Vancouver’s Downtown Eastside. The project, publicized as a Centre for Women’s Health, includes a women’s only pharmacy, a small spatial provision for medical consultation and naturopathic therapy, and a new space for the project’s entrepreneurs: The Vancouver Women’s Health Collective (

      The project has received a tremendous amount of support from individuals and collective bodies alike through donations of time, energy, and money. Major contributions have come from the Central City Foundation, The VanCity Green Building Grant, and The University of British Columbia School of Architecture’s Community Outreach Studio.

      At the surface of the project is the renovation of its 29 West Hastings
      Street location and the design and planning of its interior space—a task undertaken by the School of Architecture’s Community Outreach Studio. For their efforts, the design team received an ACSA award, one of the highest accolades given to architecture schools across North America. Notwithstanding, the design’s bold assertion still remains unanswered, that is, whether it will contribute to the recovery of the women it seeks to help—many of which are dependent and struggling. A large part of this assertion undermines the central program of the project: a pharmacy that sells methadone.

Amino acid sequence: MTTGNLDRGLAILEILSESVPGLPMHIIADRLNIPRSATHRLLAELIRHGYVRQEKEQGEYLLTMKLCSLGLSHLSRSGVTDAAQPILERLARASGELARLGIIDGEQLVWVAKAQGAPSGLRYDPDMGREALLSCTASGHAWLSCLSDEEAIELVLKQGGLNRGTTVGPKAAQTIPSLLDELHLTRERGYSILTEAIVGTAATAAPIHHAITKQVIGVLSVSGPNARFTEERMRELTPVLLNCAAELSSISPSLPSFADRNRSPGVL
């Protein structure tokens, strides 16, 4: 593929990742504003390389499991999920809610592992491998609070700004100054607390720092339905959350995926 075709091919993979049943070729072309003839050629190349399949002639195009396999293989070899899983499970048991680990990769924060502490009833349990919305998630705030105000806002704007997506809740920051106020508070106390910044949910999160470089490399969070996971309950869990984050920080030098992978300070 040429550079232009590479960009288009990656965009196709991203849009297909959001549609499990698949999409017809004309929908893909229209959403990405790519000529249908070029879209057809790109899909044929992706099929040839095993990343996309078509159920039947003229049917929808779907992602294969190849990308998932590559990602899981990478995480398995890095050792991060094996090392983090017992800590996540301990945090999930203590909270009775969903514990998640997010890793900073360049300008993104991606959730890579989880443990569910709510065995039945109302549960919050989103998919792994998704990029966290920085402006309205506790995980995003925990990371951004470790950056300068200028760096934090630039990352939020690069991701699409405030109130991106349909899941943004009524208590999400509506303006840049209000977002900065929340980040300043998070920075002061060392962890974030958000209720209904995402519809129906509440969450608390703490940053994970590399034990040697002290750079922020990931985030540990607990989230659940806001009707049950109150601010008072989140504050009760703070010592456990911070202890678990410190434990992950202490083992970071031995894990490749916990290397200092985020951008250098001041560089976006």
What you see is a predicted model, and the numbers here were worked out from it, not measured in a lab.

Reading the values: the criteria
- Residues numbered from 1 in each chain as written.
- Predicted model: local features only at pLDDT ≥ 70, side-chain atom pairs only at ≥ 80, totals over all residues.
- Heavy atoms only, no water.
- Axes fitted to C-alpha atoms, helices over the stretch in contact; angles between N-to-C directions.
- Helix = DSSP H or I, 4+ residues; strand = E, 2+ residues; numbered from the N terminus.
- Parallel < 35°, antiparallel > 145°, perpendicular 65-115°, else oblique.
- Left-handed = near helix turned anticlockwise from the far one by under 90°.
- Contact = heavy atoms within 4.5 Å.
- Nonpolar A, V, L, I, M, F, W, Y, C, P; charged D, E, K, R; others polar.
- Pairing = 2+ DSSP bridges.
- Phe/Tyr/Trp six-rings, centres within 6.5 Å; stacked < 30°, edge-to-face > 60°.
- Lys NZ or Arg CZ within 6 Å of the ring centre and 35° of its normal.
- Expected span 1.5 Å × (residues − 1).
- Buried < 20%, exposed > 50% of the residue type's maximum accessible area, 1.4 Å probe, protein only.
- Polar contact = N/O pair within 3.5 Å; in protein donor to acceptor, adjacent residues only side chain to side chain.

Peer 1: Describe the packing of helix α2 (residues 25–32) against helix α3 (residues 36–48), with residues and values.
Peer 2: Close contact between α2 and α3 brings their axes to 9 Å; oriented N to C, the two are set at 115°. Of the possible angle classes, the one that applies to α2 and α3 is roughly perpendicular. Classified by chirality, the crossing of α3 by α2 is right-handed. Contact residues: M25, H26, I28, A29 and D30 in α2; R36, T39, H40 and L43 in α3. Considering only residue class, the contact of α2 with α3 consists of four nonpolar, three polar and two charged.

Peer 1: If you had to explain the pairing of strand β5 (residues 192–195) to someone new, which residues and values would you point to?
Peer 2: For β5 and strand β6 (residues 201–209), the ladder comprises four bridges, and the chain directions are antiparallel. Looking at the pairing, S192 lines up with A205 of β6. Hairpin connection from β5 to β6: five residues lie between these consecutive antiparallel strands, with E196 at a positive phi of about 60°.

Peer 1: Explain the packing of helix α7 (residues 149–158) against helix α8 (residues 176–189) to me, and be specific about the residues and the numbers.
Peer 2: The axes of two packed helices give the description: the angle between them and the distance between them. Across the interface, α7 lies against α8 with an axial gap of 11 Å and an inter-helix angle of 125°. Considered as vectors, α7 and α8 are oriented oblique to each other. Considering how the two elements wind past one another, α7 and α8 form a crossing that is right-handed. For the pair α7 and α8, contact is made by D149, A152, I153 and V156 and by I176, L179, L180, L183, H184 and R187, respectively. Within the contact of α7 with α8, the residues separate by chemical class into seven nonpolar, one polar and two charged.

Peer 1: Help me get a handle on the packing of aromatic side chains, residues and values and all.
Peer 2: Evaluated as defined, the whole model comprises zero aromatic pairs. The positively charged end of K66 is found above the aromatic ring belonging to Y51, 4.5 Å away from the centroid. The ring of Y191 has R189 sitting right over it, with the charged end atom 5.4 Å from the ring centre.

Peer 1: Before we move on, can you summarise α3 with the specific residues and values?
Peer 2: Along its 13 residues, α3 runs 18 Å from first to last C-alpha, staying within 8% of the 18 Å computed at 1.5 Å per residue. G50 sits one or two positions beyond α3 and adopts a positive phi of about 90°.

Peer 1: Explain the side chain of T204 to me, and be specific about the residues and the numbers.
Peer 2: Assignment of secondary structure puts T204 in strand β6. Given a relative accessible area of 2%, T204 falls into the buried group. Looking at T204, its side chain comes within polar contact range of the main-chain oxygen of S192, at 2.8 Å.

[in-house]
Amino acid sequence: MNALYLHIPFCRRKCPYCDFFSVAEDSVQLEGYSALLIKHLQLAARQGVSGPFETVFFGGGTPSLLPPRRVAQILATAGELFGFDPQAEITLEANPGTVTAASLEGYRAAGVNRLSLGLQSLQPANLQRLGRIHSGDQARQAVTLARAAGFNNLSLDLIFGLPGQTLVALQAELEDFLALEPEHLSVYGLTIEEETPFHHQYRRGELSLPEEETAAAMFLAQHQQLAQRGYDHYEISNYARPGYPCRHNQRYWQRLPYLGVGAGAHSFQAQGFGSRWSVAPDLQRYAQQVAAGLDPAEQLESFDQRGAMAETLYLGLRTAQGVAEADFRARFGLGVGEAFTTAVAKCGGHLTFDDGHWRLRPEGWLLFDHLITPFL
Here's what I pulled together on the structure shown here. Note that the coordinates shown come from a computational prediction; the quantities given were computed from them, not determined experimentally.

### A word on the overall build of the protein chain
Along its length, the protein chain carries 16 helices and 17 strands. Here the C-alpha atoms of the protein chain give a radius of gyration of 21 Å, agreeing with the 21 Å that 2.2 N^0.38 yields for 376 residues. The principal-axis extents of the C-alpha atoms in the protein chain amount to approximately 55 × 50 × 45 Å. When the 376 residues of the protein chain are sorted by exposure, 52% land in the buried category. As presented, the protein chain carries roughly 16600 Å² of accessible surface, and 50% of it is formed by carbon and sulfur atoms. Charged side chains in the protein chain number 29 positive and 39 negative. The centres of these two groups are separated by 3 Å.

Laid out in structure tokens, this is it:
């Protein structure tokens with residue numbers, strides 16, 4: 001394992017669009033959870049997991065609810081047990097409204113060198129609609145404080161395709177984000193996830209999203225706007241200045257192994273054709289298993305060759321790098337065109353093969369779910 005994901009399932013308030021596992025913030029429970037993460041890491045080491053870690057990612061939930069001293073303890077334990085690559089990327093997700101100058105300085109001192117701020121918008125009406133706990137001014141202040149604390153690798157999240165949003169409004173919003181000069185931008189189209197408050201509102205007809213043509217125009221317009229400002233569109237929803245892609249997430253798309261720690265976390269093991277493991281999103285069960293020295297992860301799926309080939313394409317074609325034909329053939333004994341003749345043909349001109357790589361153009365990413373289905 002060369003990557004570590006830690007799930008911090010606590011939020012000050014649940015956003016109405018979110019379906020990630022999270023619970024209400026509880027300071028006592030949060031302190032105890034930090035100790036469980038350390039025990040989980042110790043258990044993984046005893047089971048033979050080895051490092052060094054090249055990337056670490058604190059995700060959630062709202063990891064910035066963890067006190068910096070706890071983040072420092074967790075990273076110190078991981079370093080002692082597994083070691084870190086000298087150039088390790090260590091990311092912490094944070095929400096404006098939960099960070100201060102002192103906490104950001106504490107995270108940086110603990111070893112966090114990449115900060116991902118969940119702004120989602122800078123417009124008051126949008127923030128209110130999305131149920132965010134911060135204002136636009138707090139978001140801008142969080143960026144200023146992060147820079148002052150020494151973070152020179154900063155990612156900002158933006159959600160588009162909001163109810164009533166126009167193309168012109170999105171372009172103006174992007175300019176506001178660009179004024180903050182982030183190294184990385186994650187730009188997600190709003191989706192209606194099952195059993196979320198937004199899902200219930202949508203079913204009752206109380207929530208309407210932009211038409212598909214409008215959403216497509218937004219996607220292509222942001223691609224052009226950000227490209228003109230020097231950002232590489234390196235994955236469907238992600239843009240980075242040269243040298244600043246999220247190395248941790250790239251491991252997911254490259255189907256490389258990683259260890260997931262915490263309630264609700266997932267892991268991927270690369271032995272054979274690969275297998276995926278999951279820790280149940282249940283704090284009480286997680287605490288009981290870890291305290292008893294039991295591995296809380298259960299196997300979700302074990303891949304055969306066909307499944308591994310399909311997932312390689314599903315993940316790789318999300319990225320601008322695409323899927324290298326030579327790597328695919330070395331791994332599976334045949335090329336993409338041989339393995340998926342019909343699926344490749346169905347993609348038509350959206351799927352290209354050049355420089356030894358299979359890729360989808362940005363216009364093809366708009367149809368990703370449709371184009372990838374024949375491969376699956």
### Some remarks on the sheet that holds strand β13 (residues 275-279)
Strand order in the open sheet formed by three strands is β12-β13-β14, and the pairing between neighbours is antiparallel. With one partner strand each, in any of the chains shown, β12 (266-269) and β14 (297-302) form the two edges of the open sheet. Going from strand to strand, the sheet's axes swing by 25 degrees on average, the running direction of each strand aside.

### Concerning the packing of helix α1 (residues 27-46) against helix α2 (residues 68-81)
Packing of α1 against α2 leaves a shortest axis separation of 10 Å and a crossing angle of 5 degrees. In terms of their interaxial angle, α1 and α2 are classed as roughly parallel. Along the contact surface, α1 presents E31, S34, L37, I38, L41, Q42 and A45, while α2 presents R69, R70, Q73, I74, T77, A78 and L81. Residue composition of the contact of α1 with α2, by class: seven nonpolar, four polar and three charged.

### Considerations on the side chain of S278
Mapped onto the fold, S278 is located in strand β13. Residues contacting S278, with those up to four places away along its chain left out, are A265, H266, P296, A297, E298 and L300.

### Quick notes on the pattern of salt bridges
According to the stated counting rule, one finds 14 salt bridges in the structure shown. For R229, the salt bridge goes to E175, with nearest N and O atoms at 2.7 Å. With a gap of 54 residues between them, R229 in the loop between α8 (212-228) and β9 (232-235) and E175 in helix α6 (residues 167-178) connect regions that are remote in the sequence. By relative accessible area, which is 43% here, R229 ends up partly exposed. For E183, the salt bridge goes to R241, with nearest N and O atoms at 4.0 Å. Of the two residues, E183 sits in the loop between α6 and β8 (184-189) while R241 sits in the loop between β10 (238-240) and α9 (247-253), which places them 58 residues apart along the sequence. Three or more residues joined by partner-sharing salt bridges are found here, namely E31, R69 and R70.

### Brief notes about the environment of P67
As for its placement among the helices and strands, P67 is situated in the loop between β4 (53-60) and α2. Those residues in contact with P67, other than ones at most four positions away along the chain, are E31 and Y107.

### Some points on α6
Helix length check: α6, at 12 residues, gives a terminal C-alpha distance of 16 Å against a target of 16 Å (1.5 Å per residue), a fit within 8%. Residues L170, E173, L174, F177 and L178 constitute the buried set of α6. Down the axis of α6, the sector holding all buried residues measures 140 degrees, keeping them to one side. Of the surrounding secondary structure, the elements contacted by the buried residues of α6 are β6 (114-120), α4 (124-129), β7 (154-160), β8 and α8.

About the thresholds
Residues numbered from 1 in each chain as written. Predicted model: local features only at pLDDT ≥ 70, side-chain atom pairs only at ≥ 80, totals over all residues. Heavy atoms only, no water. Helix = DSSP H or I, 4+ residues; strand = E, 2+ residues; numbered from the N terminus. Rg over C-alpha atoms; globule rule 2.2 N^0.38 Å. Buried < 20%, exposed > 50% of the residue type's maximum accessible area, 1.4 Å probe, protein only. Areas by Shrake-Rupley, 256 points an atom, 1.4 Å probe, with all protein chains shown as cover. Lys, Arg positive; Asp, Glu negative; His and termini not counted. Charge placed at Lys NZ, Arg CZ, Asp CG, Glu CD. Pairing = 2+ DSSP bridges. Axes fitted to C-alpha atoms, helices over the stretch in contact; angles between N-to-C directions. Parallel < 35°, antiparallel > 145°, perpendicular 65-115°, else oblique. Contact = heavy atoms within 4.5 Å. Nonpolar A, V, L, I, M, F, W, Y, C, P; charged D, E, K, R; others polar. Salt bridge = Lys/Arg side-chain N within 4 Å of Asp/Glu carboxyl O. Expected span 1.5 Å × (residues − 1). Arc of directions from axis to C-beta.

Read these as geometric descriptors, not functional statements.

At the soul of the project is a body of knowledge that somehow seems to have been misinterpreted, or rather lost. In their initial research for the pharmacy project, the architecture students documented a staggering total of 19 legally operating pharmacies within the Downtown Eastside, an area that has the highest concentration of heroin addicts in Canada. The proliferation of pharmacies in the neighbourhood was linked to the 1997
      deregulation of methadone, a harm reduction substance these pharmacies are primarily dispensing.

      Sep 30, 09 11:26 pm

      Skin Deep: A Women’s Only Pharmacy
      By Seng Tsoi / August 2009

      PART 2

      In addition to these findings the students hypothesized, through comparing different neighbourhoods in Vancouver, that there was a strong correlation between the general health of a neighbourhood’s population and the density of pharmacies, with the Downtown Eastside having the most pharmacies and visibly the poorest health. Conversely, this data could be interpreted as a market relationship, with the supply of pharmacies being an indication of demand and in the case of the Downtown Eastside the demand is there for methadone. By precluding the substance of this research, the design team diminished their own capacity for substantial change and reduced it to a design project that relies on cosmetic, depthless operations.